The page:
Powerful Malware That Tried To Blow Up Saudi Plant Strikes Again

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A highly capable malware reportedly used in a failed plot to blow up a Saudi petrochemical plant has now been linked to a second compromised facility.   

FireEye researchers say the unnamed “critical infrastructure” facility was the latest victim of the powerful Triton malware, the umbrella term for a series of malicious custom components used to launch directed attacks. Triton, previously linked to the Russian government, is designed to burrow into a target’s networks and sabotage their industrial control systems, often used in power plants and oil refineries to control the operations of the facility.  

Experts Comments: 

Roy Rashti, Cyber-Security Expert at BitDam: 

“This isn’t the first, and probably won’t be the last time we encounter sophisticated attacks that aim to sabotage critical infrastructures.   

For a targeted attack like this to succeed several key phases, typically coordinated by highly experienced individuals, must take place. Among these phases is the initial delivery mechanism, the code that drops the payload and the payload itself. While some organisations have mechanisms in place to defend against each of these phases in an attack many do not; leaving infrastructure vulnerable to disruption and destruction.   

The only way to protect against such advanced and ‘personalised‘ attacks is to have a robust protection solution that will be able to detect such an attack in at least one of the attack phases. However, the most effective solution and means of protection is to prevent the attack from entering the organisation or infrastructure in the first place by identifying it pre-delivery.” 

Israel Barak, CISO at Cybereason:

“Threat actors moving deliberately and stealthy for months if not years have one goal in mind and that’s not getting caught. This latest attack isn’t likely being carried out by amateurs. In general, risks to critical infrastructure such as industrial control systems can actually be minimized and managed. However, threats against this industry, in particular, will never be completely eradicated. Cybereason’s 2018 ICS honeypot enabled us to observe threat actors attacking networks in this industry and what we learned is invaluable. Overall, threats to critical infrastructure is something that security products and practitioners are very good at combating. By paying attention to hygiene and best practices, companies running ICS can greatly reduce their risk despite the threats they face.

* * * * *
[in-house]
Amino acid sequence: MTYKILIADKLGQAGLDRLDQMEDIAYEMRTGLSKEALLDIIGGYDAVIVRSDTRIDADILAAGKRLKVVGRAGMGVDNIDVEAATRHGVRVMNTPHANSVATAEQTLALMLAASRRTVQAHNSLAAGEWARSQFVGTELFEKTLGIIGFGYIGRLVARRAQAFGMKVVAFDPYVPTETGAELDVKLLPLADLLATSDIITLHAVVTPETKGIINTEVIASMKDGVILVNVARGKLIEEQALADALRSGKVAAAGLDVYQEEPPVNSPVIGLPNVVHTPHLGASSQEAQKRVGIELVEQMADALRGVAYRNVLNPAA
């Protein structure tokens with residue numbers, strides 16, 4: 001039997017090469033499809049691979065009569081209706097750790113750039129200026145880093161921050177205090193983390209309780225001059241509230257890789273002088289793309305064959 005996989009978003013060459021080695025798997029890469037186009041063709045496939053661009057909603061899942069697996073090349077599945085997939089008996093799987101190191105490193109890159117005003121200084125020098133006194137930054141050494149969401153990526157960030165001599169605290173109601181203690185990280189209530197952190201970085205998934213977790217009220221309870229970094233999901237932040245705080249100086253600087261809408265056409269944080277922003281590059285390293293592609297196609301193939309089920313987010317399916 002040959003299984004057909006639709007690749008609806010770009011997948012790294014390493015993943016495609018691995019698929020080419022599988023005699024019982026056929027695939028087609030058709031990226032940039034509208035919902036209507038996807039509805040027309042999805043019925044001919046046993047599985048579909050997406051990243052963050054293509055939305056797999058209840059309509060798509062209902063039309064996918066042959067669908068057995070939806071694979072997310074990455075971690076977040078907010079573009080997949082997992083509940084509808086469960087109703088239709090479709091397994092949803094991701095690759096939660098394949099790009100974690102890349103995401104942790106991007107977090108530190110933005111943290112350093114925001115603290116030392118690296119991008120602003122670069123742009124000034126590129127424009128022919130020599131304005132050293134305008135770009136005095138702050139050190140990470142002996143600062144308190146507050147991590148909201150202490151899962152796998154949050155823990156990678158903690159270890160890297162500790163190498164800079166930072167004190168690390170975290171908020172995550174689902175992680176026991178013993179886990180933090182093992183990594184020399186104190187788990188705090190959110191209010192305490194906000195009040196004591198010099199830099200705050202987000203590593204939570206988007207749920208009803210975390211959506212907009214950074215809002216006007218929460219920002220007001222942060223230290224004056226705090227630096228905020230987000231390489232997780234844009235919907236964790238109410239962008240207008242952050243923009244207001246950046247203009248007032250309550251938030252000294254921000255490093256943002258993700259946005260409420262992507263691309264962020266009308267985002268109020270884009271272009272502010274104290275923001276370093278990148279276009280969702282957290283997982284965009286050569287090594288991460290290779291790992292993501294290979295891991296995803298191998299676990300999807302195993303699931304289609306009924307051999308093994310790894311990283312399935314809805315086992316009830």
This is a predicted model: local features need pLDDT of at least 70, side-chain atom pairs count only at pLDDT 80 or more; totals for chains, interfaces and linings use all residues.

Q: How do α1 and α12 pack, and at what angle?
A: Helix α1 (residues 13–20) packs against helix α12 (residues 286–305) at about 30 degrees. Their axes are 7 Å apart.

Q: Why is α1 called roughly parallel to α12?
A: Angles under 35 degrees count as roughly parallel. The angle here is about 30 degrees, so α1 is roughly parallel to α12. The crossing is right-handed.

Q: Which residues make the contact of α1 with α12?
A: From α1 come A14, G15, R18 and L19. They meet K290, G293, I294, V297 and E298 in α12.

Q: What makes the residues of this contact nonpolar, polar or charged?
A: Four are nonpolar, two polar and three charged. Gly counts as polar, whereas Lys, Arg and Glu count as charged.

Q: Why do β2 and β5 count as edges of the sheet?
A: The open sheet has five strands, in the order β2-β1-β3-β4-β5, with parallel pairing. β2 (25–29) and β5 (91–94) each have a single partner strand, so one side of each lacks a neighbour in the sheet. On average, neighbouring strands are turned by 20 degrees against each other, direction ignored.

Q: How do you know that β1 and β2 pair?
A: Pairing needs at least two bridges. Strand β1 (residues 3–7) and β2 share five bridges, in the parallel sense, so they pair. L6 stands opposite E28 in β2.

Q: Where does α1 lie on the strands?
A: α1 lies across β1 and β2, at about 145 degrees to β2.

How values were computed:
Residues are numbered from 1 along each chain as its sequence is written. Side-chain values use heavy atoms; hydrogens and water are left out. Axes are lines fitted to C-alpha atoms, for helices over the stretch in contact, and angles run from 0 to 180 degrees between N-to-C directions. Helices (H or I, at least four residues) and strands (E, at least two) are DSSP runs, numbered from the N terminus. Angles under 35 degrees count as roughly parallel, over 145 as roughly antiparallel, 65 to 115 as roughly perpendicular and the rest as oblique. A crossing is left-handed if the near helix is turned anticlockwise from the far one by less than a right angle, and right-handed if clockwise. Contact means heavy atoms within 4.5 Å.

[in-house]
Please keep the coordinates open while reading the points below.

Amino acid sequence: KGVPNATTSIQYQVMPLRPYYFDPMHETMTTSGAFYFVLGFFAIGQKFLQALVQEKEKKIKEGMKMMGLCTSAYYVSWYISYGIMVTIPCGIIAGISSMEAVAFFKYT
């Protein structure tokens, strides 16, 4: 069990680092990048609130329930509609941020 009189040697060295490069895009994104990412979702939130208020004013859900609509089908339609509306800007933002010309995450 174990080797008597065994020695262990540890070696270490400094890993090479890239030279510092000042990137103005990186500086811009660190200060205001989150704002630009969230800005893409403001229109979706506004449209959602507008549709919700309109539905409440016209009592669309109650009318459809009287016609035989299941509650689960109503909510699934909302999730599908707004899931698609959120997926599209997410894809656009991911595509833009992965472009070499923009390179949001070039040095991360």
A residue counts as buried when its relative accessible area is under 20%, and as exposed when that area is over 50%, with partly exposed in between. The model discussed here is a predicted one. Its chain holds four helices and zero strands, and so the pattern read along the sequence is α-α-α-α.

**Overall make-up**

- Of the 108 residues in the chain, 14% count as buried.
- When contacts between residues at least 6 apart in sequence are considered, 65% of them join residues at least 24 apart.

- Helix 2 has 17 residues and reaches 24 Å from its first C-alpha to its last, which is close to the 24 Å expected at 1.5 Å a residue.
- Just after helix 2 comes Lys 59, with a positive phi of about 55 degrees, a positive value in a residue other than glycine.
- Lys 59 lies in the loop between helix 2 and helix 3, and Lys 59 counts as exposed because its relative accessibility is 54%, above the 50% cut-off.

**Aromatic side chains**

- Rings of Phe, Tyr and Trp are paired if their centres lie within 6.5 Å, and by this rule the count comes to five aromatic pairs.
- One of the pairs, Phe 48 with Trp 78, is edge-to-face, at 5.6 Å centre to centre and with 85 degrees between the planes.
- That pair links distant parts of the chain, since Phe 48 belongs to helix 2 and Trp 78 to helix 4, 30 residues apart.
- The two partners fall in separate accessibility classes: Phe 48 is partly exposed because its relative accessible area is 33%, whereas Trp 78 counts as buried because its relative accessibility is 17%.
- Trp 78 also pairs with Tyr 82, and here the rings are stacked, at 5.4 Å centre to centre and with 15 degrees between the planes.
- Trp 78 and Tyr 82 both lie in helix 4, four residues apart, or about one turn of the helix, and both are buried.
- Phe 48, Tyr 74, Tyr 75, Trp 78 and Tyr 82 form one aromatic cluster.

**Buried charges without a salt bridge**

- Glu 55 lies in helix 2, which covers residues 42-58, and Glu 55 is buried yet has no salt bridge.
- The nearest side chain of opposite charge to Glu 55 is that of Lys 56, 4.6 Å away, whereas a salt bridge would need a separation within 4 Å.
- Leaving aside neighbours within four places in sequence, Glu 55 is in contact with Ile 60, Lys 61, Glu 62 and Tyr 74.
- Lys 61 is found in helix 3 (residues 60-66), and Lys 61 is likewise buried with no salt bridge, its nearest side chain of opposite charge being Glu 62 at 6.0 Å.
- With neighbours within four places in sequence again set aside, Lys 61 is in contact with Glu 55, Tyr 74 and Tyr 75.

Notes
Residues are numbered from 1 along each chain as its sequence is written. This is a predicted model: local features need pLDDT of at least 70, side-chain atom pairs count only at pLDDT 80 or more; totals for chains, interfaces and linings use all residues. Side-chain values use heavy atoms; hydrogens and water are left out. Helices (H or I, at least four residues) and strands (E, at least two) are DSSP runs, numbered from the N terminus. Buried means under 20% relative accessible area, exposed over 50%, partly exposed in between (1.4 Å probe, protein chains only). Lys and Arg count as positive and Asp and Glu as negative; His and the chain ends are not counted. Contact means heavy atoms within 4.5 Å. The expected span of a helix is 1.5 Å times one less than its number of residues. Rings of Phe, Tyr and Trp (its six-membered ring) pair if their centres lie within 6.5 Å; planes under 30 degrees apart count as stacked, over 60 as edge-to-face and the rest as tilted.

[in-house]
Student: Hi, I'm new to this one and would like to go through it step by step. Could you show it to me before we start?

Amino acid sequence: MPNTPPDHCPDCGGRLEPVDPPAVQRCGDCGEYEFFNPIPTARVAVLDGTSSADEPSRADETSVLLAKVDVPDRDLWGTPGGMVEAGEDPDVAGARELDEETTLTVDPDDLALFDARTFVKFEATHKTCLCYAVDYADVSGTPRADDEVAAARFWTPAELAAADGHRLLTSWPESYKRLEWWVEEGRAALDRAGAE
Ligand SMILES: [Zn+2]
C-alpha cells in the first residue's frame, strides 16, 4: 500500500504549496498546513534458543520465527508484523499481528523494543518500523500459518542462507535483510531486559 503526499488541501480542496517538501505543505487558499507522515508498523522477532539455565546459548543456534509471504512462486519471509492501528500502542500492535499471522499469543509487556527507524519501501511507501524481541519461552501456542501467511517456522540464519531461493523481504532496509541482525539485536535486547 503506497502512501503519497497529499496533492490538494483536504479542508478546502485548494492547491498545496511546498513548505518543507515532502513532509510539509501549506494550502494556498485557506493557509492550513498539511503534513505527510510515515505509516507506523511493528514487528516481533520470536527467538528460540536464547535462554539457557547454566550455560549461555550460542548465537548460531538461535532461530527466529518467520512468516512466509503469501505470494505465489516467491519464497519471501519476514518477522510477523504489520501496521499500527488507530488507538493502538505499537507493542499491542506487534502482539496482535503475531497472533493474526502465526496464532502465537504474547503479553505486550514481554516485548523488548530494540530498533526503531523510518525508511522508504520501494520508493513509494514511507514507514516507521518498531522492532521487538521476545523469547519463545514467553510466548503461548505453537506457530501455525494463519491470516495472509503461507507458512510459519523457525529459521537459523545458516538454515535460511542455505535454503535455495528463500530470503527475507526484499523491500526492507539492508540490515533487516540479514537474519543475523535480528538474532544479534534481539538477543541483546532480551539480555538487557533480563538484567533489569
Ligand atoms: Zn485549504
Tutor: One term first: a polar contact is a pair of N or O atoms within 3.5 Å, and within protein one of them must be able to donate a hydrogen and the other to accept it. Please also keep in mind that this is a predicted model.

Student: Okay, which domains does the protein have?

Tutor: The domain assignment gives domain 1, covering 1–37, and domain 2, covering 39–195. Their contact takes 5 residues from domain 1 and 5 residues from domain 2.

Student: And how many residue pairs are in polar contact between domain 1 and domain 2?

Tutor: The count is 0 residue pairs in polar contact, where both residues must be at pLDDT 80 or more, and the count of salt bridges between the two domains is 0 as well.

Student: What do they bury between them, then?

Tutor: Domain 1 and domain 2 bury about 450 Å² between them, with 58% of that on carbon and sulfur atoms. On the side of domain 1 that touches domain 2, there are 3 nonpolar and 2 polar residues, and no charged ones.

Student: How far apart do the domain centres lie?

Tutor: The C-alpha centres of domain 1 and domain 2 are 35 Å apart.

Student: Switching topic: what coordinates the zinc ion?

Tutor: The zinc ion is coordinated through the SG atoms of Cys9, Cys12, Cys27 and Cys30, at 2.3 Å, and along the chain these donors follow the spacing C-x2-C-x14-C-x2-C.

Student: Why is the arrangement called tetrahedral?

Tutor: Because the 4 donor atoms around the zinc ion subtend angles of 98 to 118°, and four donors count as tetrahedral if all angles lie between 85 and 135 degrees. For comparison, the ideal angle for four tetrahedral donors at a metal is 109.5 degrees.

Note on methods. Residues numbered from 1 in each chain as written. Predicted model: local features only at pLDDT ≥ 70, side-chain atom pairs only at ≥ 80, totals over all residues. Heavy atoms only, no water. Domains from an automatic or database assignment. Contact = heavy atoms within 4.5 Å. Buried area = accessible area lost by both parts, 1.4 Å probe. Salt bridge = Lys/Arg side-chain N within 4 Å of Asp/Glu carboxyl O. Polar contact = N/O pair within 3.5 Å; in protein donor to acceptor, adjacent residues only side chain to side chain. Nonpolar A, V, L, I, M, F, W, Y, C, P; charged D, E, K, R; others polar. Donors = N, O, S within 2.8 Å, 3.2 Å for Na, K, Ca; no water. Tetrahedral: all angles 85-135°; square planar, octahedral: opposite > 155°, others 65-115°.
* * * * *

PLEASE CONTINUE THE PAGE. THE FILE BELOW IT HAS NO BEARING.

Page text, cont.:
However, most countries are still vulnerable to cyber-attacks on critical infrastructure because the systems are generally old and poorly patched. Power grids are interconnected and thus vulnerable to cascading failures. If an attacker knows which substation to take offline or cause a surge in, they can take down significant portions of the grid without conducting a large number of intrusions. Beyond power generation, there are significant localised effects a hacker can create by going after sewage/water treatment, industrial chemical production, or the transportation system. Again, diligence, persistence and improved security hygiene can greatly reduce risks.” 

 

 



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